Editor's Plate: Why We Chose Smithfield as our Processor of the Year

After a few years of introspection and quiet, the world's pork leader finds a new recipe for success.

By Dave Fusaro, Editor in Chief

Smithfield Foods Inc. has seen good times and bad. During the best, the company aggressively bought out competitors as well as a few processors that brought it into new categories. During one of the lean times, Smithfield itself was acquired. But Smithfield is on a roll again, buoyed by U.S. fascination with protein, foreign markets for pork and some recent acquisitions.

The company’s 2013 acquisition by a Chinese company not only shored up finances during a weak time but further opened the door to the world’s biggest market for pork; and now may be an insurance policy against any trade wars between the U.S. and China. This is a particularly interesting time to name Smithfield Foods our 2018 Processor of the Year, and we thank the company for opening its doors to us.

Sales last year eclipsed $15 billion, an 8 percent increase from its previous year and the highest ever for the company. Smithfield perhaps has never been stronger. Although, let me repeat an anecdote contained in our cover story (p24): Smithfield was such a hot property in 2001 that it placed an ad in the Wall Street Journal that compared the company’s stock performance to some of the most popular stocks of the day, even Warren Buffett’s Berkshire Hathaway. Those must have been heady days.

The next few years brought financial headwinds, and the stock price tumbled. By 2013, the company looked undervalued and vulnerable. A company that once had been the hunter had become the hunted, and multiple suitors were lining up.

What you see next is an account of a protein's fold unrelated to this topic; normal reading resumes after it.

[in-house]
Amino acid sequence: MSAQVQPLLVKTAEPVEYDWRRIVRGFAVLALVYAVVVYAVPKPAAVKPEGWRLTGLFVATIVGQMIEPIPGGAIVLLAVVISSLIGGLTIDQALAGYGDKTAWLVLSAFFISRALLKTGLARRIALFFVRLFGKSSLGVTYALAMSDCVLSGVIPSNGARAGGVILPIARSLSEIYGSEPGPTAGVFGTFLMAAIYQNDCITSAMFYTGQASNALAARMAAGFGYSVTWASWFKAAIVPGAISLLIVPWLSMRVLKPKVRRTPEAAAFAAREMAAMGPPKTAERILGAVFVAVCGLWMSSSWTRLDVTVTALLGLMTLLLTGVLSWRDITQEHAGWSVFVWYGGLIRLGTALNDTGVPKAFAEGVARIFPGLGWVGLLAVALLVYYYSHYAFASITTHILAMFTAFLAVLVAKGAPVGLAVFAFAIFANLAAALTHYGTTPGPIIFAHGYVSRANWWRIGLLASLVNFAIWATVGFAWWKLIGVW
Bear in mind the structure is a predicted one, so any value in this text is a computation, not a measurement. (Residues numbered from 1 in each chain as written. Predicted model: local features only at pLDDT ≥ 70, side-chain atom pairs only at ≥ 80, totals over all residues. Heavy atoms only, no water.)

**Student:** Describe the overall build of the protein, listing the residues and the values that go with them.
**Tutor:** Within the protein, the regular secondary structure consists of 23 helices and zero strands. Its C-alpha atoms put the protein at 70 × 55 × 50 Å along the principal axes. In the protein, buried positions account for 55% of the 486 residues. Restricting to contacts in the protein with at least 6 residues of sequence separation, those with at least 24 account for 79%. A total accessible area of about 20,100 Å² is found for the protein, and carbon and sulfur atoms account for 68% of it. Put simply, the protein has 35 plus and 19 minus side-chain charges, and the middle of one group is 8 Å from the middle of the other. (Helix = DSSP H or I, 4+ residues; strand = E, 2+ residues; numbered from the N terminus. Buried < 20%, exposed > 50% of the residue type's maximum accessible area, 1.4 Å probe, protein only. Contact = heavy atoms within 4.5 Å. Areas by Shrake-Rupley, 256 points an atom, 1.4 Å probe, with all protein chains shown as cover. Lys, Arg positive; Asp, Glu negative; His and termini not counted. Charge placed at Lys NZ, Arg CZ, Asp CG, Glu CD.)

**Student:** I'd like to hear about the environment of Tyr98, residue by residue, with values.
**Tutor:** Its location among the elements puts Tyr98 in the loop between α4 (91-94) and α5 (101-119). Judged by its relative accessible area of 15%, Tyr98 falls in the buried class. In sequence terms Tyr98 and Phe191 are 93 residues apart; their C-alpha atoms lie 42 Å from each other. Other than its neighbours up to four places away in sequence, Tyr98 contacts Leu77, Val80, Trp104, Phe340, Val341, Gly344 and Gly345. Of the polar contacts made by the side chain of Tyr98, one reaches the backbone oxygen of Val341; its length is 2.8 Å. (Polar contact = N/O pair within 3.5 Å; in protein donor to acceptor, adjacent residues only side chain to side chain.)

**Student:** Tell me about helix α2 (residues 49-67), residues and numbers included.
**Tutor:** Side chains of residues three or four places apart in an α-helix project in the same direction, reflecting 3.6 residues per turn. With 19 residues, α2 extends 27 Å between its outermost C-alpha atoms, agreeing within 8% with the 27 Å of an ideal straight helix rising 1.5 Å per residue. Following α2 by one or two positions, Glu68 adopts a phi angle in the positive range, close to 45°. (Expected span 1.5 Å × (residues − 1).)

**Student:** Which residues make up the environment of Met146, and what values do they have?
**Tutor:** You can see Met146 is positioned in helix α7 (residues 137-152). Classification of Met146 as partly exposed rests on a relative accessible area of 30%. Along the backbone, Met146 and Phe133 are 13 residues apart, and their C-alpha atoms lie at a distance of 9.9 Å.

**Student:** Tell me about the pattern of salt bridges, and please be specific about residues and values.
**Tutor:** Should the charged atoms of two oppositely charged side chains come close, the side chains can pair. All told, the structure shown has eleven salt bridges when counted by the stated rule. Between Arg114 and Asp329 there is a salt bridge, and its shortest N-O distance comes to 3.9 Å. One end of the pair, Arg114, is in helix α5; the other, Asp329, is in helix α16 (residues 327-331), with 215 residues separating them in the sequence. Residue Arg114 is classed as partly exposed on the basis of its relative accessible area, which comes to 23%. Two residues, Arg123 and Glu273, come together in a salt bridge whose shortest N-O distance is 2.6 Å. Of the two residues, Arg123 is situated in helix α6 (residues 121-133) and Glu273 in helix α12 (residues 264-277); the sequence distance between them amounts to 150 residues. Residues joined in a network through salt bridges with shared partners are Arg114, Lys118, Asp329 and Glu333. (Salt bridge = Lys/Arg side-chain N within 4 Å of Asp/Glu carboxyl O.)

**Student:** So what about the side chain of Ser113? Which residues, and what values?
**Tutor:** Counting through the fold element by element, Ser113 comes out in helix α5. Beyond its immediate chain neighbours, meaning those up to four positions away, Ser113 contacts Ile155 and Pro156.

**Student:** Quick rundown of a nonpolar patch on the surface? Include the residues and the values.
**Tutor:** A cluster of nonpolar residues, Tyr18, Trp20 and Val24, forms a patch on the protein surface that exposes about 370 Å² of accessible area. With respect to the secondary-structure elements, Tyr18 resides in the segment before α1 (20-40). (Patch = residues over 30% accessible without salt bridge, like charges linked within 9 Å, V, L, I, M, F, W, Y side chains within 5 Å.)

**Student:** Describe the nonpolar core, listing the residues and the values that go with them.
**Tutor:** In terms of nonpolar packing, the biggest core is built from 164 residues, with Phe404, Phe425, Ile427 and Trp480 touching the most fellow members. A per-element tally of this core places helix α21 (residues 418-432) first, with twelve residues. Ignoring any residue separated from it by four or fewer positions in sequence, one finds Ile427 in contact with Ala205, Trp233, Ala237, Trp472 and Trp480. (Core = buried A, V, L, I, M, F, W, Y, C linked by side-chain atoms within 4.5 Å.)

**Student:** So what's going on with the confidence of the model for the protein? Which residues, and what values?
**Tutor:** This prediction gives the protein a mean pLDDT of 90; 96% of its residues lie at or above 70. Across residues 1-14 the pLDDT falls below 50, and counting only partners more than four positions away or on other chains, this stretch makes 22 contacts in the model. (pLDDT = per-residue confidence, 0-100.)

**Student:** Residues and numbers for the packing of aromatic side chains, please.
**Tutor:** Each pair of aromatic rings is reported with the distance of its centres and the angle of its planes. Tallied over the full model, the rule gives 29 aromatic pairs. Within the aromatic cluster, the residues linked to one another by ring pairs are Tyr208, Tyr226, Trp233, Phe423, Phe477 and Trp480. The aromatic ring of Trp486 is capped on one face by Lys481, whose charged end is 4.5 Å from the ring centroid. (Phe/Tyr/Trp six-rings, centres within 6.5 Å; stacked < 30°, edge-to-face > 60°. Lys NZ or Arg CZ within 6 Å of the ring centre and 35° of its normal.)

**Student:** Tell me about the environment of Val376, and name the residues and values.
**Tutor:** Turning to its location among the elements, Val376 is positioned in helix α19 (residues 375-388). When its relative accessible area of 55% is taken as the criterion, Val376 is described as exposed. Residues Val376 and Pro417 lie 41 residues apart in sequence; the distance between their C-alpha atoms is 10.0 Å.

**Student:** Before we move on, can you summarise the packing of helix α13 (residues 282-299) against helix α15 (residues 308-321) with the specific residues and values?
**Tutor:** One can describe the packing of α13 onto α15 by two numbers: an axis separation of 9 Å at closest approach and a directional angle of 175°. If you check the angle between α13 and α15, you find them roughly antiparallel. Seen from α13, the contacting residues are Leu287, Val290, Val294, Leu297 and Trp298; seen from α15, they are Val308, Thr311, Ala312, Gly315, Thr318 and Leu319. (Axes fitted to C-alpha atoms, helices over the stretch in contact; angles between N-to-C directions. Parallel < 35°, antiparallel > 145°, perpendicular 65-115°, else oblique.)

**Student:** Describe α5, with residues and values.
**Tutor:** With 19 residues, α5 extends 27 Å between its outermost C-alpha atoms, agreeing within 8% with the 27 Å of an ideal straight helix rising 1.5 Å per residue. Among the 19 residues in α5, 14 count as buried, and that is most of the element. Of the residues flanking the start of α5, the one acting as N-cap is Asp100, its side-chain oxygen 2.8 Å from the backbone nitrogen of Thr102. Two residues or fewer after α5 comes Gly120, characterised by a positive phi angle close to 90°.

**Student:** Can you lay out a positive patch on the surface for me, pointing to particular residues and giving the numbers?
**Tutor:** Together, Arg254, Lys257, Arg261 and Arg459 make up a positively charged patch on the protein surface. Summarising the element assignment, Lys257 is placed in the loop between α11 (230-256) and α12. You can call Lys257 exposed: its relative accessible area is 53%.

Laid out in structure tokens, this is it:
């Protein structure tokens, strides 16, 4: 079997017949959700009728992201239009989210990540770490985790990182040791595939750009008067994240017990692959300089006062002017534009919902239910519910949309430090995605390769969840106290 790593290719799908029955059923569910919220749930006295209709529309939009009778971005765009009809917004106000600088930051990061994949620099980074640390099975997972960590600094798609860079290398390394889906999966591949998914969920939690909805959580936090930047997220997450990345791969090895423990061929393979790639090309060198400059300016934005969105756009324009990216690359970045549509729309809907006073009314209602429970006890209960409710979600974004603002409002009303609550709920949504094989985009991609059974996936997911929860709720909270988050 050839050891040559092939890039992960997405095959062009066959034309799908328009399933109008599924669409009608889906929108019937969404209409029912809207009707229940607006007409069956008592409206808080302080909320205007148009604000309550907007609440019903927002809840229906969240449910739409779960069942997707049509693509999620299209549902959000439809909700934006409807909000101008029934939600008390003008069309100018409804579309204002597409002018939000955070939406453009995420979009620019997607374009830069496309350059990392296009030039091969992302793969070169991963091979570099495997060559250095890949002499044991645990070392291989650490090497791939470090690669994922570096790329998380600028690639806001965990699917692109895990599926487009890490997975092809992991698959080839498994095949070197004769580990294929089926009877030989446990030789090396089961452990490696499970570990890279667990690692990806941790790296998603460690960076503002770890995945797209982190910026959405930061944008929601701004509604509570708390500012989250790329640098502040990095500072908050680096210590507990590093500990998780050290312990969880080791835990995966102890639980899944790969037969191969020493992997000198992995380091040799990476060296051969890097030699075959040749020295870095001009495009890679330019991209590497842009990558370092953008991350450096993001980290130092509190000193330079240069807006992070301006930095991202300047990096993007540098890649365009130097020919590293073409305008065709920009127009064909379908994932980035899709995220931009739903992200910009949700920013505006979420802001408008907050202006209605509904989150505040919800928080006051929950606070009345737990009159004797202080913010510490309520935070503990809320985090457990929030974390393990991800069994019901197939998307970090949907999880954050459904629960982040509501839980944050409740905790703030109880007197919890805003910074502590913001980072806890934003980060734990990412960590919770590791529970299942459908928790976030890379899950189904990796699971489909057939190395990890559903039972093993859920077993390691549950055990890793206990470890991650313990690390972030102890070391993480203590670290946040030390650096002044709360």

The most unlikely was China’s leading pork processor, Shuanghui International Holdings. It was a time of growing concern over China’s economic power, its trade surplus with the U.S. and its acquisition of a handful of American companies.

As a public company, Smithfield had little recourse other than to sell to the highest bidder. But from a strategy standpoint, there were a number of good reasons to partner with Shuanghui. Foremost was that China was and still is the world’s largest market for pork, and demand outstrips its supply.

There was debate across the U.S. over the wisdom, even the legality, of allowing an American food company to be acquired by a Chinese company. Critics worried about who would be running the acquired company and their support for farmers, environmental issues, even food safety. A dozen organizations wrote Congress, especially the Senate Agriculture Committee. The intergovernmental Committee on Foreign Investment in the United States (CFIUS) was concerned.

But by mid-September of 2013, the deal cleared governmental hurdles and was overwhelmingly approved by shareholders. It was the largest Chinese acquisition of an American company up to that time. The day after the closing, the sun rose as usual and it remained business as usual for Smithfield and the rest of the U.S. pork industry.

Any lingering concerns were diluted when, after a year of non-changes, Shuanghui itself held an initial public offering of stock and formed a new holding company, WH Holdings, which now owns Smithfield and Shuanghui. While that created some formal separation between Smithfield and Shuanghui, there are obvious synergies being utilized.

Wan Long is chairman, executive director and CEO of WH Holdings. He started working in a meat factory in 1968, so he has paid his dues to the meat industry. While he and related parties remain the biggest shareholder, at 34 percent, now investors all over the world own the parent company and, indirectly, Smithfield. Smithfield CEO Ken Sullivan estimates half the shares now are held by what would be considered “Western” companies. “Now we are a true global company,” he says. Simply a mirror image of such “American” companies as PepsiCo, Tyson, General Mills and Coca-Cola. No more intimidating than Nestle, JBS or Danone.

Smithfield Foods joins a long line of previous Processor of the Year award winners, which you can read about on our website.

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